• Director

    Sarah Davis, Caleb Lucky

  • Country, Year, Length

    United States, Ethiopia, 2019, 22min

  • Category

    Short Documentary

  • Format

    Digital (screening) – 1080p (shooting)

  • Festival Year


Crew: Screenwriters: Sarah Davis, Caleb Lucky – Executive Producer: Hezekiah Lewis – Co-Producer: Madiah Gant, Lila Samuelson – Co-Director: Sarah Davis, Caleb Lucky – Cinematographers/Editors: Will Brenninkmeyer, Meagan Leverone – Original Music/Composer, Sound Mixer: Trent Zulkiewicz

For women and girls in the Amhara region of Ethiopia, becoming pregnant can be a death sentence. It is the leading cause of death for women of reproductive age, and could be almost entirely preventable with access to basic surgical care. Carrying Tomorrow follows the stories of two women who defy the odds through an incredible culmination of medical professionals, governments and communities rising together to challenge the unacceptable, and in doing so igniting the consciousness of the coming generation.

Sarah Davis and Caleb Lucky are rising student filmmakers from Villanova University. Their first breakout film, Sankofa (2018), was an examination of the social and structural implications of colonialism through powerful visual storytelling. From the mountainous landscapes of rural Ethiopia to the heart and grit of North Philadelphia, these young artists have a knack for using film as a medium to uncover the human side of some of the most controversial cross-cultural issues of our time. Davis and Lucky are leading the charge in an emerging genre of socially-conscious documentaries in the student circuit that aim to not only wow audiences with impactful film content, but spark broader discussions that will ultimately lead to lasting social change. Read more about the production company behind Carrying Tomorrow at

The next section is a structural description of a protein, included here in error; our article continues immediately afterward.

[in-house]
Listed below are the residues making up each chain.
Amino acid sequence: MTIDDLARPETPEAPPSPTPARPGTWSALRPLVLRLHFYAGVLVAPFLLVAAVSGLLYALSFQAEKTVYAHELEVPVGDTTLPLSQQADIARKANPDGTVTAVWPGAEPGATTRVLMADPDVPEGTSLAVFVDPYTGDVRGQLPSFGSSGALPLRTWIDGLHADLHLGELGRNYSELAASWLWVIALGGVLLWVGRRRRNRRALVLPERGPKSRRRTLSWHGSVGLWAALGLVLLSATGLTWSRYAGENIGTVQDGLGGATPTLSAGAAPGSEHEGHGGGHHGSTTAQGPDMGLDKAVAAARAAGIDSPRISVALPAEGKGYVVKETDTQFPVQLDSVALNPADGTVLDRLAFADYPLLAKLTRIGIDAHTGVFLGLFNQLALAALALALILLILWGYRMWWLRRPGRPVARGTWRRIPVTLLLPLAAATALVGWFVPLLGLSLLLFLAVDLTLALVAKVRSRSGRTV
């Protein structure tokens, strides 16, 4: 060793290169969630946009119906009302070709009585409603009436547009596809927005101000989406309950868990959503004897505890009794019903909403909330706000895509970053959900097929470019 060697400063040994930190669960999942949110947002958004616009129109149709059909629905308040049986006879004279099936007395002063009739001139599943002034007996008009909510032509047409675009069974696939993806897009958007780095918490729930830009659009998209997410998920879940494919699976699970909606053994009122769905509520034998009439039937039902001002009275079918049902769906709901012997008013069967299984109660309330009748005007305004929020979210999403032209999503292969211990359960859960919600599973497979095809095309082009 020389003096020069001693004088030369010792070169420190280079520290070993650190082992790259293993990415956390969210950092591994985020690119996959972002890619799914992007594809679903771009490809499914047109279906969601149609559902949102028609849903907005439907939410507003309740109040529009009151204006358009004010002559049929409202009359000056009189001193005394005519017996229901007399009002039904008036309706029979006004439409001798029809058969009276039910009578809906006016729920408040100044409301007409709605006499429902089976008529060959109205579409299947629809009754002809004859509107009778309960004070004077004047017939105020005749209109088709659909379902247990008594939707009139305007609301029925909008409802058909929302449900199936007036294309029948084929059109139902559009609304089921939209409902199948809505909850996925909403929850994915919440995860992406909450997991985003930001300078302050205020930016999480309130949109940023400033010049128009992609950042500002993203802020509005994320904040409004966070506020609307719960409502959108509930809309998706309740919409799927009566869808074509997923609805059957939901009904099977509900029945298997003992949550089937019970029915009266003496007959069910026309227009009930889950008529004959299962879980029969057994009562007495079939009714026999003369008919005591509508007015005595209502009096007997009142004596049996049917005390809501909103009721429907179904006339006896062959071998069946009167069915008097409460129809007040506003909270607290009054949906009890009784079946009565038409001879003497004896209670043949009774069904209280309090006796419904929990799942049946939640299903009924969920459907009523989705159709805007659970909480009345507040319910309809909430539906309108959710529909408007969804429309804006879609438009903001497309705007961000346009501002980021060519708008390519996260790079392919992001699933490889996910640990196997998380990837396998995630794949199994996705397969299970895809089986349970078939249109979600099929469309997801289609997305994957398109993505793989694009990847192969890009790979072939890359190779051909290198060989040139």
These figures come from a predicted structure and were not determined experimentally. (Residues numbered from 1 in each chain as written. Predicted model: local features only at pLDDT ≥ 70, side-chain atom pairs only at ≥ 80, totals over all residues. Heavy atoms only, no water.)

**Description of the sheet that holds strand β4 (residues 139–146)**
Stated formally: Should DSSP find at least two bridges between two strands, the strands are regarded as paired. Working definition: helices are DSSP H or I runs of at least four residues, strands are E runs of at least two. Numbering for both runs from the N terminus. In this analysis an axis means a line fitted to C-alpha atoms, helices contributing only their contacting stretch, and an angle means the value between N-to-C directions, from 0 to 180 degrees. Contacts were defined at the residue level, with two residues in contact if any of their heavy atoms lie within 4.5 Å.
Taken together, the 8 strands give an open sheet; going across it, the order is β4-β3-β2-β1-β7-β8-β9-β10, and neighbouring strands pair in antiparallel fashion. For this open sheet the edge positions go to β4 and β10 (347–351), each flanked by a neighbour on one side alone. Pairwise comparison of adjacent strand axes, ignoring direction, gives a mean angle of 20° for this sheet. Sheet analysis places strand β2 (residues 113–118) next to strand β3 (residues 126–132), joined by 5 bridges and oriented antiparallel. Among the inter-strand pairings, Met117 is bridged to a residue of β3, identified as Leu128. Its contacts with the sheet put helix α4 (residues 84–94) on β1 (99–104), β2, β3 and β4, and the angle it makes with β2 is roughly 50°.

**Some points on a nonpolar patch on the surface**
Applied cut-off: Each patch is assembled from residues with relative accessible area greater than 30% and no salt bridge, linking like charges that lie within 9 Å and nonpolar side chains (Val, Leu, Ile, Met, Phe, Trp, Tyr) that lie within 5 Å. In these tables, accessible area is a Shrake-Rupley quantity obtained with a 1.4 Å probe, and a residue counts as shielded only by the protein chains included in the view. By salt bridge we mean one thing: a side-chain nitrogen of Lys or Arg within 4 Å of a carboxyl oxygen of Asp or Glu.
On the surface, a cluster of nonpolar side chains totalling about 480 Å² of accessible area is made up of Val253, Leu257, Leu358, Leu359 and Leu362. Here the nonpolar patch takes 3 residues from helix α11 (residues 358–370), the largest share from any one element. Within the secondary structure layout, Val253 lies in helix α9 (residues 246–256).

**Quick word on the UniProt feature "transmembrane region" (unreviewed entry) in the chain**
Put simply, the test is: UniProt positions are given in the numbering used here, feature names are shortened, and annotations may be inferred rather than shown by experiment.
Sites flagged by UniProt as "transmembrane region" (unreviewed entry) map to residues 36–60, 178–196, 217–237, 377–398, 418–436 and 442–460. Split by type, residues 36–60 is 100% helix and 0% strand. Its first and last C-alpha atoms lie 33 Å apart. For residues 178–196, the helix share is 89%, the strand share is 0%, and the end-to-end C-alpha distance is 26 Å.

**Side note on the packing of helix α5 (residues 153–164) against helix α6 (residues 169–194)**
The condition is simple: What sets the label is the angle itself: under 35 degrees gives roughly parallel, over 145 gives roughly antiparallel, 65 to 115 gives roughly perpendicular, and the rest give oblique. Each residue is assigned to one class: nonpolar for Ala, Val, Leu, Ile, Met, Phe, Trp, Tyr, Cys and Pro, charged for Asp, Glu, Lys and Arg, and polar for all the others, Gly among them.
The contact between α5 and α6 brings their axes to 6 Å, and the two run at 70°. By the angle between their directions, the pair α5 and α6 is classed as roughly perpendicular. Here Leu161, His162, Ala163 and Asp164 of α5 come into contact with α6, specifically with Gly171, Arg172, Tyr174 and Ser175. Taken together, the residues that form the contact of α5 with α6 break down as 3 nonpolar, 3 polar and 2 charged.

Filmmaker’s Note

The initial idea behind this project was to highlight the importance of women’s health and the strength of mothers. While our story now specifically addresses access to quality healthcare and safe surgery in Ethiopia, the underlying themes of motherhood and community are universal. We think it’s important for everyone to understand that we live in a global community, and we are all responsible for amplifying the stories of these women. – Co-directors